The PopCult Bookshelf
It’s been a few months since we’ve checked in with our friends behind the Charlton Neo movement and they’ve got two great new print volumes currently available. In case you haven’t been reading PopCult for the last year and a half or so, the Charlton Neo movement is a revival of sorts of Charlton Comics, the loveable, perennial also-ran of the comic book world that published their last comic in 1986.
This revival all began with The Charlton Arrow, a Facebook page which became an anthology comic book, and now Charlton Neo has expanded into a full line of comic books including Westerns, Romance, Hot Rods, and other cool, less-explored comic book genres. You can help support Charlton Neo by contributing to their Patreon site, where for as little as one dollar a month you can gain access to Pix-C, a growing assortment of very high quality weekly web comics. But this week, we’re going to look at their two latest print releases.
The latest issue of The Charlton Arrow, the flagship title of the Charlton Neo movement, includes a terrific mix of great stories.
The book leads off with “Day of Decision,” a story that combines the stars of three Charlton humor strips, “Li’l Tomboy,” “Li’l Genius,” and “Rock and Rollo.” Believe it or not, this funny kids comic is actually filled with existential angst, kind of. We are then treated to a text story starring “Sue and Sally Smith, The Flying Nurses,” written by Larry Wilson with a really cool illustration by Mark Wheatley
Then we find a story starring “Digger” Graves, the son of Charlton’s horror host, Dr. Graves, who is working as a Paranormal P.I. This is a fun story by Paul Kupperberg, with great artwork by Andrew Mitchell. This is followed by part 3 of a vintage, unpublished Peacemaker story written by Joe Gill and drawn by Pat Boyette for Charlton back in 1967. That is followed by the hilarious “Stinky Skunk, Gunslinger,” a two page strip by Roger McKenzie and Matt Hansel that successfully combines Westerns with funny animal comics.
Taking a scholarly turn, we next have a text feature that looks at the history of Charlton’s Bobby Sherman comics.
After combining Westerns with funny animals, noted comics writer Roger McKenzie (Daredevil) combines Monster comics with World War II comics in the first chapter of “World War Dinosaur,” presented with lovely sepia tone artwork by Ruben Vera. This is a great taste of what promises to be a fun and exciting series.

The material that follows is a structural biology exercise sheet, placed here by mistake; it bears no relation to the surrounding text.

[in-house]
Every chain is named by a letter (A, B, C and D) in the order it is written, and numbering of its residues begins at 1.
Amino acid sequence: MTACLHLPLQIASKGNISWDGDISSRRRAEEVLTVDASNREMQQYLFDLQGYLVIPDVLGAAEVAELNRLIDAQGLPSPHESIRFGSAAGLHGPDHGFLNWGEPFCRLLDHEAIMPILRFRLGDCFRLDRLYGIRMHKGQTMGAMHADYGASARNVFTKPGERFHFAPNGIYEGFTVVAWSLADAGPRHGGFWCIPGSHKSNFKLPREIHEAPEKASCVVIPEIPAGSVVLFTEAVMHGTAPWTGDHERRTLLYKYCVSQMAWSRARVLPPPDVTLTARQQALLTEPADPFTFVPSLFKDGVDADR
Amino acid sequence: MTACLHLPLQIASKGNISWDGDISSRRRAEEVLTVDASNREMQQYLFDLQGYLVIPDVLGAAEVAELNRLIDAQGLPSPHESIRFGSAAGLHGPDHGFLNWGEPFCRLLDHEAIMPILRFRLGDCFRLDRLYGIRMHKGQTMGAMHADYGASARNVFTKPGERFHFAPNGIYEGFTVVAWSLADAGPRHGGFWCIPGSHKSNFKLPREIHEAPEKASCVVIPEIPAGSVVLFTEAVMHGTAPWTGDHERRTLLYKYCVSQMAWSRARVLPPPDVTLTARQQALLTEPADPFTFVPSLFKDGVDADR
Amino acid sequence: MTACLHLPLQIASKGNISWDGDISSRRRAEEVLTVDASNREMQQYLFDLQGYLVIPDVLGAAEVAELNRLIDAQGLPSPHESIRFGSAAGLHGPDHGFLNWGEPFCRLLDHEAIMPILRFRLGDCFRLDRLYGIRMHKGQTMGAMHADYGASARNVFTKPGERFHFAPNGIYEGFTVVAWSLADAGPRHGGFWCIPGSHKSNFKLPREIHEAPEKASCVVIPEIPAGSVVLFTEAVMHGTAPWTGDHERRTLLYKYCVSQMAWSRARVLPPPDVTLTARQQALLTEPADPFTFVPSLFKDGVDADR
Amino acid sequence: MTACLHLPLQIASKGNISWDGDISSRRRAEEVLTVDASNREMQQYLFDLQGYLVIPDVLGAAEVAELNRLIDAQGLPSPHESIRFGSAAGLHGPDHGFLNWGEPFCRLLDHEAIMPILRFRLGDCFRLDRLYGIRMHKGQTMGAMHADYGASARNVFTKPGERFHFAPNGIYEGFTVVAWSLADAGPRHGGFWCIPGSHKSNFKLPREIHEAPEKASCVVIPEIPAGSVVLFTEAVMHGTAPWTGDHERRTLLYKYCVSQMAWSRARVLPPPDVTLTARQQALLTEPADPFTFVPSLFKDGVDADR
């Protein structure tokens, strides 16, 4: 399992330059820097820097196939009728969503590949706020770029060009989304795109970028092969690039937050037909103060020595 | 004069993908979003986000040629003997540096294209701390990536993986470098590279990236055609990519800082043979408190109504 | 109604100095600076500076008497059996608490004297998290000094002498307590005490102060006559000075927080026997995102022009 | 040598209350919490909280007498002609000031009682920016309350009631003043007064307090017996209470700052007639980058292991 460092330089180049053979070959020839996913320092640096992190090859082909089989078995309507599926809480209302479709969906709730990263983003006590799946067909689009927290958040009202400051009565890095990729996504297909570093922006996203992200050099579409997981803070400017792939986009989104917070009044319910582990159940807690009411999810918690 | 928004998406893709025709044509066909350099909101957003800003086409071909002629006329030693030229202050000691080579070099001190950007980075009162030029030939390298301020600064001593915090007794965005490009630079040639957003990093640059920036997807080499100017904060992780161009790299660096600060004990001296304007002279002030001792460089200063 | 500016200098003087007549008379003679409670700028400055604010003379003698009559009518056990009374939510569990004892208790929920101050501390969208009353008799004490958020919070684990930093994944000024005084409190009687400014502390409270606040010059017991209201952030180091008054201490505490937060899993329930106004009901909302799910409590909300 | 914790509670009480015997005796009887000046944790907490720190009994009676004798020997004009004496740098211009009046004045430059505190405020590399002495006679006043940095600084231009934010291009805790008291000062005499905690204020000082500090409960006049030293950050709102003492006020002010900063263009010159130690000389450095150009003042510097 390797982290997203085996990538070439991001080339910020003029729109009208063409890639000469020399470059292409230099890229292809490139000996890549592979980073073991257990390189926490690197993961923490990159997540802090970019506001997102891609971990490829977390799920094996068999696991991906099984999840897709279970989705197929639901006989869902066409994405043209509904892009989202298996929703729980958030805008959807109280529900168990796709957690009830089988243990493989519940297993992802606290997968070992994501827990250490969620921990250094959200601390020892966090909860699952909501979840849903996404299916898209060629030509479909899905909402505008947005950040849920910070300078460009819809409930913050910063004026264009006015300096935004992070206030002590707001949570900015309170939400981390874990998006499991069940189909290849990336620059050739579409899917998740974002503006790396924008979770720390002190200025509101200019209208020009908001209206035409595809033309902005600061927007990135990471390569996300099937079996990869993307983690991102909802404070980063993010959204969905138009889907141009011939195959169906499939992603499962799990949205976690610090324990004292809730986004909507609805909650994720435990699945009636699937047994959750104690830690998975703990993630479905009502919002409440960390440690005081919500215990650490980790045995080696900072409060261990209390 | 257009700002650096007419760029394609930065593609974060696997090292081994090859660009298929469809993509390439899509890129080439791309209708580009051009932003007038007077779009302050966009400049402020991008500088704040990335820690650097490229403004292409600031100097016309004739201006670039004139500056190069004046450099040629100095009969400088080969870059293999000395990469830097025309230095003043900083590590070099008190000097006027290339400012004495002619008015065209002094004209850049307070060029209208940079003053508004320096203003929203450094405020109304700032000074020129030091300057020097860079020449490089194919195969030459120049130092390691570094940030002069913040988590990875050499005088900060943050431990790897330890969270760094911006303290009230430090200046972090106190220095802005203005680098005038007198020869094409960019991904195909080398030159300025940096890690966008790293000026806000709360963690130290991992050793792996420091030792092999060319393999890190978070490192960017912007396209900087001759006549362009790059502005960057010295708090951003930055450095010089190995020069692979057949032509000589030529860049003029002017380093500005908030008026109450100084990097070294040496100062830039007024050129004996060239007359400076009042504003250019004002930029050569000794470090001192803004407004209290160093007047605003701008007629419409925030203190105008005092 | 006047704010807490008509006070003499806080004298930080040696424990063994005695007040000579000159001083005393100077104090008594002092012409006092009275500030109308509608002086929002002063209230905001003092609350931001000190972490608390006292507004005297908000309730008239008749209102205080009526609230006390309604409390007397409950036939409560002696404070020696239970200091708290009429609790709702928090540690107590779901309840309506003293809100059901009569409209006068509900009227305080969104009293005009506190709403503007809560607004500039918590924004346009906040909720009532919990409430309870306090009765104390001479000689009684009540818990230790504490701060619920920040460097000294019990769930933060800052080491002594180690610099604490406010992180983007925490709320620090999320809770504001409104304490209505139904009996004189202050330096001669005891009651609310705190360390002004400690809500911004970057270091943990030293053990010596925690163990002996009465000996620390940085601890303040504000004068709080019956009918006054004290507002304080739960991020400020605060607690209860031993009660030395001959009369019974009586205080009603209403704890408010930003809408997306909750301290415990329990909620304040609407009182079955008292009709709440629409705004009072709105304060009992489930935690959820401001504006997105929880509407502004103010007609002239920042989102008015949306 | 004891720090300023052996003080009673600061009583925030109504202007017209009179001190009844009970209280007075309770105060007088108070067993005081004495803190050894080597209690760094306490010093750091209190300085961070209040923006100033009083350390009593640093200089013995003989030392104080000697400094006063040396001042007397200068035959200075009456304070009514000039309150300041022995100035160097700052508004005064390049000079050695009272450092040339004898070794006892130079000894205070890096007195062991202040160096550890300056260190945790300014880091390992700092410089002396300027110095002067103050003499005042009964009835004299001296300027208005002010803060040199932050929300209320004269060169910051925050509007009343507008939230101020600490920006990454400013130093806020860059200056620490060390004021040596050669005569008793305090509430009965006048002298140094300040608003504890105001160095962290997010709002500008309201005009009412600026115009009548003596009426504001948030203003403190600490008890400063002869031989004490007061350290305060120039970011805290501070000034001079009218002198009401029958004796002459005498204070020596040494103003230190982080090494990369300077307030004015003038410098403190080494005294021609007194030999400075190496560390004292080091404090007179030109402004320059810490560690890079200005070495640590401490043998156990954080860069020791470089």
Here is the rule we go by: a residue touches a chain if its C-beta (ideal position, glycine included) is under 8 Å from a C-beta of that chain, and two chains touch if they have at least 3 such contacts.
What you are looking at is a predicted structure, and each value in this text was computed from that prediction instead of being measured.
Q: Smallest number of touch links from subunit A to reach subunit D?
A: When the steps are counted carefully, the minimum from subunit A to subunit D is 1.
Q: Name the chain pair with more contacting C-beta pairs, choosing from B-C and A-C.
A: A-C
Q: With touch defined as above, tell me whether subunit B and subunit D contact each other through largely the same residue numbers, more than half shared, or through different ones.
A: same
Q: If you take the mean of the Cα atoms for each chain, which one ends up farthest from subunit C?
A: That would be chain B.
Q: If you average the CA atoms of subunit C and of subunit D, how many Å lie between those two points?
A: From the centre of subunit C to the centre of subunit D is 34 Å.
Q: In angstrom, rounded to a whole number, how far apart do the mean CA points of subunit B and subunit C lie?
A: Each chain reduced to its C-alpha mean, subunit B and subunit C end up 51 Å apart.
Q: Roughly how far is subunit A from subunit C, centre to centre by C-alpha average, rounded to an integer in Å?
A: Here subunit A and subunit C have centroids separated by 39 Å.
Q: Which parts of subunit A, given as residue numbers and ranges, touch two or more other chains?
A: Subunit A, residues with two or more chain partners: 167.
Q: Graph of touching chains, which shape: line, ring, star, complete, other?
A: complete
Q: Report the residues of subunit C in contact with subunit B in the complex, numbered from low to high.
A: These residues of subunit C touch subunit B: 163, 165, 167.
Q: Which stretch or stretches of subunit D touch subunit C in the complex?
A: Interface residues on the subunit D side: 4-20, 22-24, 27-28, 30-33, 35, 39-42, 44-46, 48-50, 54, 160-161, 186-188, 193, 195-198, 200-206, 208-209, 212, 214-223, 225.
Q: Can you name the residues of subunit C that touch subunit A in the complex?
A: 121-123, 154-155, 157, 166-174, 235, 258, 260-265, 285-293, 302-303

Next up, we have “Re-Capture,” written and drawn by Mort Todd, which is a sequel to a fifty-one year old story from Charlton’s “Space War #26.” This is another fun blast from the past.
The book winds up with a classic Charlton style horror story called “Back Seat Terror.” The writer is Chuck Dixon, who you may know as the co-creator of the Batman villain, Bane and the artwork by Enrique Villagran terrifically conveys this moody little thriller.
As I have said repeatedly when writing about the Charlton Neo movement, these are the most fun comics being published today. Nothing can help you recapture the childhood joy of reading comics like spending an afternoon getting lost in this engrossing anthology. Unlike most mainstream comics today, which all basically seem like a homogenous blob of overwritten, formulaic painted super hero stories, The Charlton Arrow covers so many different genres that they even combine them in some of the stories.
You can’t go wrong with Steve Ditko. The man is one of the greatest comic book creators of all time, having co-created Spider-Man and Doctor Strange for Marvel as well as dozens of other characters on his own. Ditko has always been an independent-minded, idiosyncratic storyteller who has few peers in the business.
This book collects five stories that Ditko wrote and drew for Monsters Attack! magazine in 1989 and 1990. All are written and drawn by Ditko, who inks his own pencils in all but one story. That one story is inked by Mort Todd, who is the colorist and editor of this volume. If you were a fan of Ditko’s work for Charlton, then you should know what to expect.
The stories are a wonderful mix of science fiction inflected horror, with great twist endings and spectacular art.
If you were one of those kids who grew up reading Charlton’s “Mystery” titles like “The Many Ghosts of Dr. Graves,” “The Magazine Is HAUNTED,” and “Midnight Tales,” among others, you will love this book. If you read the stories when they were published in Monsters Attack!, now’s your chance to get them in color. They look fantastic.
There’s a hint of nostalgia about this book because you’re getting primo Steve Ditko working in a genre that has largely been forgotten by the comics industry and it’s perfect cloudy day reading for the Halloween season.
Both of these books are available through Amazon and at Mort Todd’s website (links are above, under each title) and by buying these you are supporting the Charlton Neo movement which, as I mentioned earlier, you can also support through their Patreon site. Charlton Neo has definitely put the fun back in comics, at least for this reader.